NL: It was awesome; I loved it and wouldn’t do it any other way. I got to graduate from an Ivy League school and that (was something that) was very important to my family and me – to get a degree. It allows me to have something to fall back on. Hopefully, hockey works out for me, but you can’t play forever and that’s kind of what my family told me ever since I was little and wanted to play hockey. That – you can have a great career, but still it’s going to come to an end and being able to have that college education to fall back on is really important for me.

THW: Was playing Junior Hockey ever an option for you or were you set on going the college route?

NL: I was pretty set on going to college. My whole family played college hockey; I did play Juniors in the USHL. But the major Junior route was never really an option.

THW: You played in Albany last season, the last 12 games (3g-4a) and then in the playoffs; what were some of your takeaways from that experience?

NL: It was a great experience. I came into a team that was really good, and I got an opportunity to play with some really great players up there. I think that helped (ease) my transition a lot being able to play alongside those guys. I think most importantly it gave me some confidence coming into this camp here and training camp in September. I’d say that was the biggest takeaway for me.

THW: Game 3, round two, against the Toronto Marlies…can you tell us about that night?

NL: It was a pretty surreal moment (smiles). Looking back on it…that’s never happened to me in my life when I’ve been playing hockey. To score a goal to tie the game with (under) 30 seconds left and then to score the overtime winner…I have to give credit to a couple of my linemates out there. Especially the overtime goal, Brian O’Neill, he gave me a great pass on the power play which helped me score, but that was definitely a surreal moment. I don’t really know how else to put it, it’s one of the better hockey moments I’ve had in my life.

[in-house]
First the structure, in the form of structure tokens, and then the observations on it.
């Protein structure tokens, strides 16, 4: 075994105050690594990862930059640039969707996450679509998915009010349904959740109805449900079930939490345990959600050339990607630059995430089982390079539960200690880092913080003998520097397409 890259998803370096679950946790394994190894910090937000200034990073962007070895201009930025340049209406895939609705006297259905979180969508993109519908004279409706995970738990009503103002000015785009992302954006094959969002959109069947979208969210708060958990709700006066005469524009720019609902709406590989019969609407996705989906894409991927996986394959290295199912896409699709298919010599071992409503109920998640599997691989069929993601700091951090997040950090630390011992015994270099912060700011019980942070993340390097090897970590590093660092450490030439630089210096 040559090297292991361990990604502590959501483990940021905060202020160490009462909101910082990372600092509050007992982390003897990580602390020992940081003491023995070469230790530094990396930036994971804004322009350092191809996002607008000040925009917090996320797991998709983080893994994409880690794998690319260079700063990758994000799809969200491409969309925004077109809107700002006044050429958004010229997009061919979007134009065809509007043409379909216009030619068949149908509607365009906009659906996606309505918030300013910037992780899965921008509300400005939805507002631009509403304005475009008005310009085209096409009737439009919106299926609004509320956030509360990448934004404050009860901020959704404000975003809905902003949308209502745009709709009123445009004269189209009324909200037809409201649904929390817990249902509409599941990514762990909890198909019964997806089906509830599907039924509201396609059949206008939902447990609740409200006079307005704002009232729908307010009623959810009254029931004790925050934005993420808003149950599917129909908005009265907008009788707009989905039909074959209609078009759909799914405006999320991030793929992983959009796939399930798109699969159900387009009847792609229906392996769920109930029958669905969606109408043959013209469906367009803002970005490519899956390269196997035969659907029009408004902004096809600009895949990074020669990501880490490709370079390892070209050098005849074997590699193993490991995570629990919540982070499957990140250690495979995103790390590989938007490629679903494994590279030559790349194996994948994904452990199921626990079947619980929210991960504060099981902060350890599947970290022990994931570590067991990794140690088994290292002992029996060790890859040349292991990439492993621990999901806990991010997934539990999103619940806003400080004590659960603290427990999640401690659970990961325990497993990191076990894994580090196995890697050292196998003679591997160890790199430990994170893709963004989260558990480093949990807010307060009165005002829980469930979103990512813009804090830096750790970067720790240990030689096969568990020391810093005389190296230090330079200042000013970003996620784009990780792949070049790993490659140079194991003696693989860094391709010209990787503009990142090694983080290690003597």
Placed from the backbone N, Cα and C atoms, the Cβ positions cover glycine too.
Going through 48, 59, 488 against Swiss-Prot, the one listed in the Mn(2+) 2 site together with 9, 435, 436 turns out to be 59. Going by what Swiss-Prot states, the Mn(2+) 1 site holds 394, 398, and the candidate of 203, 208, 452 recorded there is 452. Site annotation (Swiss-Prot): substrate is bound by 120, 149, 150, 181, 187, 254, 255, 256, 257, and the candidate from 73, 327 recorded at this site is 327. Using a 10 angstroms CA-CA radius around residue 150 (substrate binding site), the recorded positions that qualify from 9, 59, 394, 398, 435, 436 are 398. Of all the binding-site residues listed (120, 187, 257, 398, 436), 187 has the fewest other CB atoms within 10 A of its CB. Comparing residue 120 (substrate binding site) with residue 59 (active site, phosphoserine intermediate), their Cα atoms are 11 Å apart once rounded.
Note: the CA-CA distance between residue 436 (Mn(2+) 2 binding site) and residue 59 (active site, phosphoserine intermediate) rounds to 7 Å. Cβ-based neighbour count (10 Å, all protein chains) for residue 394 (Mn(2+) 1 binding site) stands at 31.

THW: Your dad was an NHL player, what kind of advice does he give you and what things do you lean on him for?

NL: He’s the one that introduced me to the game and the one who’s pretty much taught me everything. Now he watches most of my games and I’d like to think he has a pretty good idea of what the game of hockey is about. He’s one person that can be brutally honest with me, especially after games. If he thinks I played bad, he’ll tell me I played bad and he’ll give me things that I need to work on to get better. When I play good, he’ll tell me ‘good game’. That’s something that I am fortunate to have; I trust his opinion on the way I play so it’s nice to be able to call him after games and get his opinion of how he thinks I played.

THW: Did you ever get to see him play in person?

NL: No. I don’t think I was born yet. My mom just got pregnant with me during his last season I think.

THW: So have you watched the video of any of his career?

NL: They had a VHS tape that I remember watching when I was really little. I just hear stories when we go out with his college buddies, they’ll tell me stories about him. I would love to see some video of him playing, that’d be really cool.